Many of the UK Immigration visas are designed to permit workers in certain fields to enter the UK. The criteria for these visas specifically target certain types of applicant, and the rigid requirements for each visa make them unsuitable for other candidates. Tier 5 visas are used to provide a pathway for applicants who do not meet the criteria of Tier 1 or Tier 2 visas, but still offer valuable skills to the UK. Rather than forcing these individuals to meet the requirements of other visas, the Tier 5 system provides short term entry for applicants who wish to undertake charity work, internships, exchanges or to participate in a Government skills exchange scheme.
Most of the Tier 5 visas are aimed at “temporary workers”, who aren’t intending to make the UK their home in the long term. This overarching theme defines the Tier 5 visa; few applicants are intending to stay in the UK for long, and are only visiting for a specific purpose. As a result, these visas must cater for the different types of applicant they will receive, from charity workers to athletes and musicians.
Tier 5 visas differ from both Tier 1 and Tier 2 visas in a number of fundamental ways. In this article we’ll look at some of the core concepts inherent to all Tier 5 visa applications and how these differ from other options. We’ll highlight what makes the Tier 5 visa appropriate for some applicants, and outline what should be taken into consideration. However, applicants should make sure to visit the Home Office’s own website for full details of the Tier 5 application process.
Who is a Tier 5 Visa For?
The Tier 5 visa is divided into numerous subsections, each of which is targeted to a specific type of applicant. The application procedure for each one of these visas will differ, depending upon the type of proof required from the candidate. The fields which the Tier 5 visa covers are listed below:
- Charity Worker
- Creative and Sporting
- Government Authorised Exchange
- International Agreement
- Religious Worker
- Youth Mobility Scheme
These visas generally only grant a short stay of up to 12 months (though some are longer, or can be extended), and the work which will be carried out usually has a defined end date. Entrants on this form of visa do not have an “open-ended” stay in the UK, which they can choose to extend at any time; instead, they have a specific role to carry out for a given amount of time, after which the visa expires.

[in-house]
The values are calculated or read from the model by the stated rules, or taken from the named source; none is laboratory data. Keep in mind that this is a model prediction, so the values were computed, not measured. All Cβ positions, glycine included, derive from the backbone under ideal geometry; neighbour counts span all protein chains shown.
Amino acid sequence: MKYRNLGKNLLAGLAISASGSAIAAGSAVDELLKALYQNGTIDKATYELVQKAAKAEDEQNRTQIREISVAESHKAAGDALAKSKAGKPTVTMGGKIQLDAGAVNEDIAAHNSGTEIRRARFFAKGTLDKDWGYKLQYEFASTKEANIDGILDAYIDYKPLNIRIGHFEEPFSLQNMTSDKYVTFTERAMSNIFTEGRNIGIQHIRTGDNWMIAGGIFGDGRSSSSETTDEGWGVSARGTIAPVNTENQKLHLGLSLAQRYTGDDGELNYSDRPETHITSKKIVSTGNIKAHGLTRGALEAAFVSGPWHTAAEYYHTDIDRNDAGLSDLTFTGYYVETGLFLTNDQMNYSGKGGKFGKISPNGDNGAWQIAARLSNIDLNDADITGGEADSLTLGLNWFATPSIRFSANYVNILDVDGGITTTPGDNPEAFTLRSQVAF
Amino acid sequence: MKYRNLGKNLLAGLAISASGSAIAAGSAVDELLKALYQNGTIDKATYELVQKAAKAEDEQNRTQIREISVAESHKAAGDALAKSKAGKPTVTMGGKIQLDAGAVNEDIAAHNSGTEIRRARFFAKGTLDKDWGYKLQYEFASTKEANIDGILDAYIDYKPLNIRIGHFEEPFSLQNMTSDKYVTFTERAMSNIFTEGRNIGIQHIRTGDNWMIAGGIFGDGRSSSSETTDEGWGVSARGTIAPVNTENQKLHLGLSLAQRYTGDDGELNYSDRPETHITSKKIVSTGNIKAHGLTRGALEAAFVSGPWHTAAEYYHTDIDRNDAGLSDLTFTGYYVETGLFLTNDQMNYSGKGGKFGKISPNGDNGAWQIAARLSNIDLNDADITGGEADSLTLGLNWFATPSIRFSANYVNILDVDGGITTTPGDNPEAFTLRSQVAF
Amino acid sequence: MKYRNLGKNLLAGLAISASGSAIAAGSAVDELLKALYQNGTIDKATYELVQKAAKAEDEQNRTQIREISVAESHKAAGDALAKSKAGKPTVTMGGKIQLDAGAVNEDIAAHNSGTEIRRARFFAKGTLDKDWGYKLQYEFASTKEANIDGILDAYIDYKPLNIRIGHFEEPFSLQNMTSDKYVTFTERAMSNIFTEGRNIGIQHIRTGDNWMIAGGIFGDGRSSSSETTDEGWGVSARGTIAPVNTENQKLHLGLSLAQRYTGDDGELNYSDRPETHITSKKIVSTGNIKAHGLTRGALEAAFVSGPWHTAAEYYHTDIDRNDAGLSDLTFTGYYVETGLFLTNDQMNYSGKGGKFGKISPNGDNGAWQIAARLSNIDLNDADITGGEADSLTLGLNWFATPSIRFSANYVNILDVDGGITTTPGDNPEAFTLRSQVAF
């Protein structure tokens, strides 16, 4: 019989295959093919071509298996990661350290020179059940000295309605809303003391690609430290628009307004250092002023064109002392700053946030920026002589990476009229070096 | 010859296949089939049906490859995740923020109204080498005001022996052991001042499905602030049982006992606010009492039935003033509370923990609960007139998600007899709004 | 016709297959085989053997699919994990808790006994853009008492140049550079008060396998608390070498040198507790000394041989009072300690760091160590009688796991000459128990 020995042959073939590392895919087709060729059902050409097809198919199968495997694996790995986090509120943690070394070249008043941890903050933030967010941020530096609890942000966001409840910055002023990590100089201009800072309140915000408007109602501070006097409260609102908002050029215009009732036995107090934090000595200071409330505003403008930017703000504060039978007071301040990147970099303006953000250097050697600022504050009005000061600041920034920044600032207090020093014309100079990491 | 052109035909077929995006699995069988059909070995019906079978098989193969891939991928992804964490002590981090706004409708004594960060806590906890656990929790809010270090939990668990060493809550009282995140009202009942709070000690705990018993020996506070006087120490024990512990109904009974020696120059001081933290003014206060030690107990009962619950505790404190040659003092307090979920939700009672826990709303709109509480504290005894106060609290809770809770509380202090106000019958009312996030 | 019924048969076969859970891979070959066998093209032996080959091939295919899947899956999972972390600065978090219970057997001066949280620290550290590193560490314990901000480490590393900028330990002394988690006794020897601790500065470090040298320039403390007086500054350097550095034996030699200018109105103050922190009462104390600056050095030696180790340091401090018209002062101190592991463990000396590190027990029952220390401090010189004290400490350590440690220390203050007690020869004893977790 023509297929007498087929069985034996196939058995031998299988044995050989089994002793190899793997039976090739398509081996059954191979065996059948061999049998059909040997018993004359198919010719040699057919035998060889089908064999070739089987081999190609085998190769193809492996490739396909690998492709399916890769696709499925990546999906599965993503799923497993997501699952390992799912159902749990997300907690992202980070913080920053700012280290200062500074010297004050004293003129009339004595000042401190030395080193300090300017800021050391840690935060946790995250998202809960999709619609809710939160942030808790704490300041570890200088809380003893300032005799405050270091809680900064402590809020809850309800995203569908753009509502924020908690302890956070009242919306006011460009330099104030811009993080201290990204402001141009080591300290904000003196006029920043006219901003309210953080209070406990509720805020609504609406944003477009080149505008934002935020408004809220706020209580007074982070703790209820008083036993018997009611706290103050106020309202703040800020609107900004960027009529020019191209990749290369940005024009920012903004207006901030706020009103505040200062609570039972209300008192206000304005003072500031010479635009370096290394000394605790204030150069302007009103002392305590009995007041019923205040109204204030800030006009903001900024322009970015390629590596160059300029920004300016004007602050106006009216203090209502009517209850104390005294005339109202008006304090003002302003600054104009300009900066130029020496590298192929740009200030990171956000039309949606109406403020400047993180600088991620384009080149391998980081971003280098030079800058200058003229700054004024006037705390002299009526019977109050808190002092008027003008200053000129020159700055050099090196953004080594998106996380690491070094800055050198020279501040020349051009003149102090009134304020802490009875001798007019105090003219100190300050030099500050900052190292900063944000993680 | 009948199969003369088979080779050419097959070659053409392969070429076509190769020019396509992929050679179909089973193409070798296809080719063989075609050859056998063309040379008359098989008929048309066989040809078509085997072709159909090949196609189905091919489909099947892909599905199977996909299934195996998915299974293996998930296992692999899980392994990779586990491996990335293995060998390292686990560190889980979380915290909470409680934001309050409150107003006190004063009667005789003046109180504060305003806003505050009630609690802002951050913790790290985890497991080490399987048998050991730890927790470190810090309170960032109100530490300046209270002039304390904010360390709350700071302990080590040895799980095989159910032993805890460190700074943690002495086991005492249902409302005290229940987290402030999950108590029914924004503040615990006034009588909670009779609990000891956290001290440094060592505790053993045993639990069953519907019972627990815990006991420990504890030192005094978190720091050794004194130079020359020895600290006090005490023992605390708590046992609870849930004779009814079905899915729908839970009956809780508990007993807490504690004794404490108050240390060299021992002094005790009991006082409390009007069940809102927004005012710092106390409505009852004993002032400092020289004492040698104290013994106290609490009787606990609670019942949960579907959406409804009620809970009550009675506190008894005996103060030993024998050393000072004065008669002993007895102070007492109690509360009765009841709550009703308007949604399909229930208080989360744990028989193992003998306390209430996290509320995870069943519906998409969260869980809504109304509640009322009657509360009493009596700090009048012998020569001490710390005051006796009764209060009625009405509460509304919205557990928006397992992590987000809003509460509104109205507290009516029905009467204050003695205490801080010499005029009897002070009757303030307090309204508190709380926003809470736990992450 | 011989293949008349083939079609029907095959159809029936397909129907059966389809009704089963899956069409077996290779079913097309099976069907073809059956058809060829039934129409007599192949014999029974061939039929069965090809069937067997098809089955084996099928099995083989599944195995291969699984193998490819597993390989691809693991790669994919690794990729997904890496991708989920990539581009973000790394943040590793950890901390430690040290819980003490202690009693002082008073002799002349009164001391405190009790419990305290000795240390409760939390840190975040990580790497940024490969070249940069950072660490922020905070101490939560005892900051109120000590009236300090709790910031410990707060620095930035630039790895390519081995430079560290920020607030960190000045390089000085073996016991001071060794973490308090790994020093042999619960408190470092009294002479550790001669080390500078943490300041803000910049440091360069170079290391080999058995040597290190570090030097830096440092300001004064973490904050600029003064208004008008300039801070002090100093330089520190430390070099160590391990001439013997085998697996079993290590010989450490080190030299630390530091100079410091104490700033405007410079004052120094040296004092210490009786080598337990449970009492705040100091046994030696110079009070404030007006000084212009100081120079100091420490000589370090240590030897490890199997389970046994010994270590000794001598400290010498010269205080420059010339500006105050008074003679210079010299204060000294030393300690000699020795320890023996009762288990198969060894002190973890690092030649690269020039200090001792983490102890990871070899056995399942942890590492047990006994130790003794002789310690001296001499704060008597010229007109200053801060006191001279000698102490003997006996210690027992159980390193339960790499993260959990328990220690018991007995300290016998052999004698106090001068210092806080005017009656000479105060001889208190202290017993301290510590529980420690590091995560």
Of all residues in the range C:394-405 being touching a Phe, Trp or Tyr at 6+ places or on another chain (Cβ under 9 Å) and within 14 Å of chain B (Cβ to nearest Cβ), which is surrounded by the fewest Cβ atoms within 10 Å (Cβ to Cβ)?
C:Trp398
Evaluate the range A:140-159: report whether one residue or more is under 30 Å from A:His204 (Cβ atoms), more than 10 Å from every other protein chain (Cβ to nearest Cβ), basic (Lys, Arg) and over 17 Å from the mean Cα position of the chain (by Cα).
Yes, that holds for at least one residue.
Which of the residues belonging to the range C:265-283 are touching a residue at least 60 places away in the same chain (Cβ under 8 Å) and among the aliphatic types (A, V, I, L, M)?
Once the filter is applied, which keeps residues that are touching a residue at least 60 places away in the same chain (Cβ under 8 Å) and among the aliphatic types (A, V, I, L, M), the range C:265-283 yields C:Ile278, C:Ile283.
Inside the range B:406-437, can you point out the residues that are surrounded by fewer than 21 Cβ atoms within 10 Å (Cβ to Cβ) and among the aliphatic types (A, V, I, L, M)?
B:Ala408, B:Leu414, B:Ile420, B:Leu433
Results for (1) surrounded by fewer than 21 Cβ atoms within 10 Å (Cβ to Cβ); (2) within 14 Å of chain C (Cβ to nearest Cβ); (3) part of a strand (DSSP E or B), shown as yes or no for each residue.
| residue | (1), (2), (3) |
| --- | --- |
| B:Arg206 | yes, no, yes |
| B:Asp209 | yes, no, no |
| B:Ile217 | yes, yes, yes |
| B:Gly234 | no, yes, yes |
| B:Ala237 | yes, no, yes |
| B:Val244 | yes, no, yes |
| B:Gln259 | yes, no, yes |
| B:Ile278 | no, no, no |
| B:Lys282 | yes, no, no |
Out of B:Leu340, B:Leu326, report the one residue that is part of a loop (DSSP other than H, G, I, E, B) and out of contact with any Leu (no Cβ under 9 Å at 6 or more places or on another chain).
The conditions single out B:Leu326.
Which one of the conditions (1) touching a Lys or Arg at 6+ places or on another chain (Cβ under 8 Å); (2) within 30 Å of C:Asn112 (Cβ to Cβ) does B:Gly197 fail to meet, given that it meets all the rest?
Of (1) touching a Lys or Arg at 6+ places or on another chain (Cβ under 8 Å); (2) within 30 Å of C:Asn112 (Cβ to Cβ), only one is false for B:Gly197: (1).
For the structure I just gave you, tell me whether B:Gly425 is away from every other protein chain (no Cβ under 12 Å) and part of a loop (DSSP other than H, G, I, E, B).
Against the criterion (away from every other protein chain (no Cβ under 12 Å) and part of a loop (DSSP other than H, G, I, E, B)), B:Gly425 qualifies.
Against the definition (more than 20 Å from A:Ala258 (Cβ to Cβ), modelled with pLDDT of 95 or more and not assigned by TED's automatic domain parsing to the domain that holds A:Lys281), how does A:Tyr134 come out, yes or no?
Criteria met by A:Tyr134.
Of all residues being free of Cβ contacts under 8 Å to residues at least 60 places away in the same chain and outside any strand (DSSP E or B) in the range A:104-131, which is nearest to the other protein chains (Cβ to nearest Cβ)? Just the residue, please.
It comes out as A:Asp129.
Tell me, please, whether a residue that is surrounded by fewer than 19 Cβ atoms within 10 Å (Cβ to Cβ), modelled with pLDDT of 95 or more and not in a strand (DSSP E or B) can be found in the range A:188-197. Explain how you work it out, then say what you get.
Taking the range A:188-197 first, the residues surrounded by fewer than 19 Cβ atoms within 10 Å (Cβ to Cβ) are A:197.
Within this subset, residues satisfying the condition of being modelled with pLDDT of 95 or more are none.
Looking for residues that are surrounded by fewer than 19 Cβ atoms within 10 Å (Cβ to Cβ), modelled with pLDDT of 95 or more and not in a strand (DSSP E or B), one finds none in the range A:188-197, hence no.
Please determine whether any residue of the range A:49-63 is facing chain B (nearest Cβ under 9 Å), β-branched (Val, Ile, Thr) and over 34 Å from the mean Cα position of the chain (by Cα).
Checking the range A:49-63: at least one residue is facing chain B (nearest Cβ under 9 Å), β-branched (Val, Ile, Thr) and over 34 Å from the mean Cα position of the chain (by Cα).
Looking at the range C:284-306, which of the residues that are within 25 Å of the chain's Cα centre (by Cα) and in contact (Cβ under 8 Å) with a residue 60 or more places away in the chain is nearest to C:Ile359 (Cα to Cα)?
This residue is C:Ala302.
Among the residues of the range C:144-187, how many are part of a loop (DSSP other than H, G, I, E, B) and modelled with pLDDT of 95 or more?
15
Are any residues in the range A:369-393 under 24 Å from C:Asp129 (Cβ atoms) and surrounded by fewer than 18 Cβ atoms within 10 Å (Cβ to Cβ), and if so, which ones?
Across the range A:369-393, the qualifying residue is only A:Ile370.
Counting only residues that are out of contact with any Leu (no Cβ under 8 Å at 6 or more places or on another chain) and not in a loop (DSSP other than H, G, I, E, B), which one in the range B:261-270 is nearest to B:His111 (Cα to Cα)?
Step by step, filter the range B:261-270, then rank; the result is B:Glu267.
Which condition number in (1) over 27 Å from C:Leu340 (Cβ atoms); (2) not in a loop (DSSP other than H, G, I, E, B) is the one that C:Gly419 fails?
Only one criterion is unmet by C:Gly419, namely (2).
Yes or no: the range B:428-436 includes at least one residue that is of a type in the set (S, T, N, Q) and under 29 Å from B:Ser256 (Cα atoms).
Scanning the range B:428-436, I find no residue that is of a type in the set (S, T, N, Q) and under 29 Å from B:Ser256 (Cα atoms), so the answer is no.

Basic Outline of a Tier 5 Visa
Although each section of the Tier 5 visa scheme deals with a different type of applicant, and thus has different requirements, there is a certain set of criteria common to all of them. Though these may vary according to the specific requirements of each visa, applicants will need to satisfy the following criteria for their chosen visa.
Regardless of their reason for entering the country, an immigrant will not be permitted to take advantage of public funds. This means there is no welfare provision for them, should they need help, so they’ll need to be able to stand on their own two feet immediately upon entering the UK. A common requirement of Tier 5 visas is for the candidate to hold £945 in their bank account upon application, and be able to prove they’ve held it for at least 90 days. This shows that the applicant will be able to support themselves initially in the country, and will be able to afford food, transport and somewhere to live.
This requirement is sometimes waived if it can be shown that the applicant will be supported by their employer, or a sponsor. This varies from visa to visa, so applicants must ensure that they are properly prepared to meet this requirement.
Certificate of Sponsorship Reference Number:
Entrants on a visa must be able to prove their reason of entry, and as with most other types of visa application they are not simply allowed to enter the country speculatively; applicants need to show that they’ve been offered a role in a qualifying UK organisation. This is achieved by providing a reference number from their employer, which details the exact work they’ll be carrying out; it will show the salary they’ll be paid, the role they’ll be filling and the length of time their employment will last.
The UK National Health Service is heavily subsidised by taxpayer money, and since immigrants haven’t been contributing to the cost of running the NHS, they are also not entitled to use its services for free. Therefore a contribution is required from visa applicants to cover any medical issues that might arise during their stay; this costs £200 per year per applicant, but is sometimes offered at a reduced rate of £150 per year for certain visas. Because most Tier 5 visas only last for a year or so, the healthcare surcharge in these cases is usually fairly low, but applicants should use the Government’s online calculator to check how much they’ll need to pay.
Timeline and Costs of a Tier 5 Visa
Like most other visa applications, a Tier 5 visa can be applied for up to 3 months in advance of when the candidate intends to begin work in the UK. However, decisions on this type of visa are offered much more quickly than for other types; most Tier 5 applications are processed in three weeks, rather than the eight weeks common to most other tiers.
The cost of a Tier 5 application varies according to the role that’s applied for. However, most applications cost around £200. If a decision is required quickly, a ten-day “priority service” is available, but comes at a cost of an additional £500. This can be invaluable if an application must be cleared quickly, but it may only be used by applicants who are already within the UK (i.e. students at a UK university, or those who are switching from another visa).